Elijah was also the first Black Seventy. He was ordained a member of the Third Quorum of the Seventy on 20 December 1836 in Kirtland, Ohio by Zebedee Coltrin and became a "duly licensed minister of the Gospel" for missionary work in Ohio. His ordination was certified in Nauvoo, Illinois. In 1839, he was made a member of a Nauvoo Seventies Quorum. While living in Joseph Smith’s Nauvoo home, he was given “the calling of an undertaker” by the Prophet. In 1902 President Joseph F. Smith recalled a seventies meeting held in Utah on March 4, 1879:

Bro Elijah Able [sic] gave an outline of his history and experiences during a period of forty years. Of his being in Kirtland. Of his appointment an[d] ordination as a Seventy, and a member of the 3rd Quorum. He related some of the saying[s] of the prophet Joseph who told him that those who were called to the Melchisadec [sic] Priesthood and had magnified that calling would be sealed up unto eternal life.

Elijah was also the first Black missionary of The Church of Jesus Christ of Latter-day Saints. Listed as a “minister of the gospel” in an 1837 edition of Messenger and Advocate, he served missions to Canada and New York in 1838, and another mission to Ohio shortly before his death.

His Canadian mission provoked concerns at a seventies conference in Quincy, Illinois, where Jedediah M. Grant “communicated to the council a short history of the conduct of Elder Elijah Abel, and some of his teachings etc. such as … that in addition to threatening to knock down Elder Christopher Merkley on their passage up Lake Ontario, he publicly declared that the Elders in Kirtland made nothing of knocking down one another.

In 1841, when Smith was arrested in Quincy, Illinois, Abel was among a group of seven elders who set out from Nauvoo to try and rescue him, although by the time they reached Quincy, Smith had been taken back to Nauvoo.[2]

In 1843, Abel’s desire to engage in missionary work in Cincinnati, Ohio, presented special difficulties for a traveling high council comprised of Apostles John E. Page, Orson Pratt, Heber C. Kimball, and Lorenzo Snow. Despite their respect for “a coloured Bro.,” the brethren felt “wisdom forbids that we should introduce [him] before the public … [but] Bro Abels [sic] was advised to visit the coloured population.

Life in the Salt Lake Valley

In 1853 Elijah and his family migrated in the Appleton Harmon pioneer company to Utah Territory. After arriving in the Salt Lake Valley with his family, he worked at many trades, including managing the Salt Lake Farnham Hotel. He also performed minstrel shows with his family while living in Ogden.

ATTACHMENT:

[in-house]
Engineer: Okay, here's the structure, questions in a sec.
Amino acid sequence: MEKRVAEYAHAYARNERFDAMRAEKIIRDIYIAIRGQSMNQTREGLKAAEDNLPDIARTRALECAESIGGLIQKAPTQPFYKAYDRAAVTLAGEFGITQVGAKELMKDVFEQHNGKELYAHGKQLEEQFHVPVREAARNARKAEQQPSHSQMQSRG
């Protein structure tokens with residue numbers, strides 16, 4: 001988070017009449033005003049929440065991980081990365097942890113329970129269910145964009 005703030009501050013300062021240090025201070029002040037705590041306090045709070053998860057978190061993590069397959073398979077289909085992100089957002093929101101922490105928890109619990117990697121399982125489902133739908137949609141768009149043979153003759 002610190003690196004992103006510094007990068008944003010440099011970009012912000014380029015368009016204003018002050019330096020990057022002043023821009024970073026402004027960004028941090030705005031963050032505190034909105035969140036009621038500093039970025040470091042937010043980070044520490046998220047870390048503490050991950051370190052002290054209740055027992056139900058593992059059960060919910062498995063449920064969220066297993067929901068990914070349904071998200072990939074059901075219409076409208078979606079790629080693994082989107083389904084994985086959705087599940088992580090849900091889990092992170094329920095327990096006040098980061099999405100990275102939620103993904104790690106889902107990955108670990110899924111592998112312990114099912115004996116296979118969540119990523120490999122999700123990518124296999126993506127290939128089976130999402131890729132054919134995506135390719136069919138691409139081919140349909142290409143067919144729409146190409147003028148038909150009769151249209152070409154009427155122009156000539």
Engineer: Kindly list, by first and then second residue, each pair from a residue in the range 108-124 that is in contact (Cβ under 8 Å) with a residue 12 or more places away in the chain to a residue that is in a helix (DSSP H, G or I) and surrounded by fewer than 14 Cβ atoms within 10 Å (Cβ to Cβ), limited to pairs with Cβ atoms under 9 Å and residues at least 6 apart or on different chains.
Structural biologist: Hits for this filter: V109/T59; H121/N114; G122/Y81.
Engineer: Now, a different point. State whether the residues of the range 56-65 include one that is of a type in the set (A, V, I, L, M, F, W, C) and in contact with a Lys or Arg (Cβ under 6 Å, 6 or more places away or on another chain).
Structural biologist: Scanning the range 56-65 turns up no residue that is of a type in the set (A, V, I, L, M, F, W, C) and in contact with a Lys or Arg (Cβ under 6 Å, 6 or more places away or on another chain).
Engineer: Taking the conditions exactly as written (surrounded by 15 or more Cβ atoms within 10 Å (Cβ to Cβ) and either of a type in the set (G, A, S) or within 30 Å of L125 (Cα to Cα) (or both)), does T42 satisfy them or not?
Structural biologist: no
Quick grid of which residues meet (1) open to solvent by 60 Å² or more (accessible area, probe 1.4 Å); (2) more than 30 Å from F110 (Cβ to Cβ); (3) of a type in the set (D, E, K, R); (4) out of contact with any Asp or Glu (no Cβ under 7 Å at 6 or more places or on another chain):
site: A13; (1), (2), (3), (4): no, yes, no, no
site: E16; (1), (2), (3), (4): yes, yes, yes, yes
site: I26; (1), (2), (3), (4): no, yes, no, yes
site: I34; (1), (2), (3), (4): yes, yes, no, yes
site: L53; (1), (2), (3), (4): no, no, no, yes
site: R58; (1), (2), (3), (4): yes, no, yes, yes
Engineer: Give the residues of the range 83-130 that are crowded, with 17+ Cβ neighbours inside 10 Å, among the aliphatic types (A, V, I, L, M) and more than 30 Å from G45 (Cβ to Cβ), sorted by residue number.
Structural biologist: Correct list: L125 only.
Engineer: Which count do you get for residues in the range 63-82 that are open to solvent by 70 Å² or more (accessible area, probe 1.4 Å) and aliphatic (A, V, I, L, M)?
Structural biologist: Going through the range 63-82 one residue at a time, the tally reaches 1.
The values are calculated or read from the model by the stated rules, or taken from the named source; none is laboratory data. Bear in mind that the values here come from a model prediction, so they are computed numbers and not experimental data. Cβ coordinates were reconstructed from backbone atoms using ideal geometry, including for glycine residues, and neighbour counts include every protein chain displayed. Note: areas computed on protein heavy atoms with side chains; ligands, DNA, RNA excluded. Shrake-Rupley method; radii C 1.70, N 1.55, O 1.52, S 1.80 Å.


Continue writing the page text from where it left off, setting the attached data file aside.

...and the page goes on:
Although Abel spent his life serving in the LDS Church, he had one desire which was denied him in this life.

Abel had received washings and anointings in the Kirtland Temple in 1836, before the complete endowment ceremonies had been established. Though he acted as proxy in baptisms for the dead in Nauvoo and Salt Lake City, Brigham Young denied his request to be sealed to his wife and family [8 children]: that was a ‘privilege’ he ‘could not grant,’ a decision later reaffirmed by President John Taylor (Richard S. Van Wagoner and Stephen C. Walker, 4).

Toward the end of her life, one of the people Elijah converted, Eunice Kinney, offered this description of his teaching:

In the spring of 1838 I heard the first Gospel sermon by a Latter-day Saint.His name was Elijah Abel; he was ordained by Joseph, the martyred prophet. I was then living in the town of Madrid, Lawrence County, New York. We had never heard of the latter-day Saints until Elder Abel came into the place. I, with my husband, went and heard him preach. Abel was a man without education; it was difficult for him to read his text but when he commenced to preach, the Spirit rested upon him and he preached a most powerful sermon. It was such a Gospel sermon as I had never heard before, and I felt in my heart that he was one of God’s chosen ministers, and I verily thought that all those who ever were under the sound of his voice were impressed with the same views. But I soon learned by mistake; when the sermon was ended he gave liberty to anyone that wished to express their feelings either for or against the subject that have been set before him. My husband rose and opposed that bitterly and said many hard things.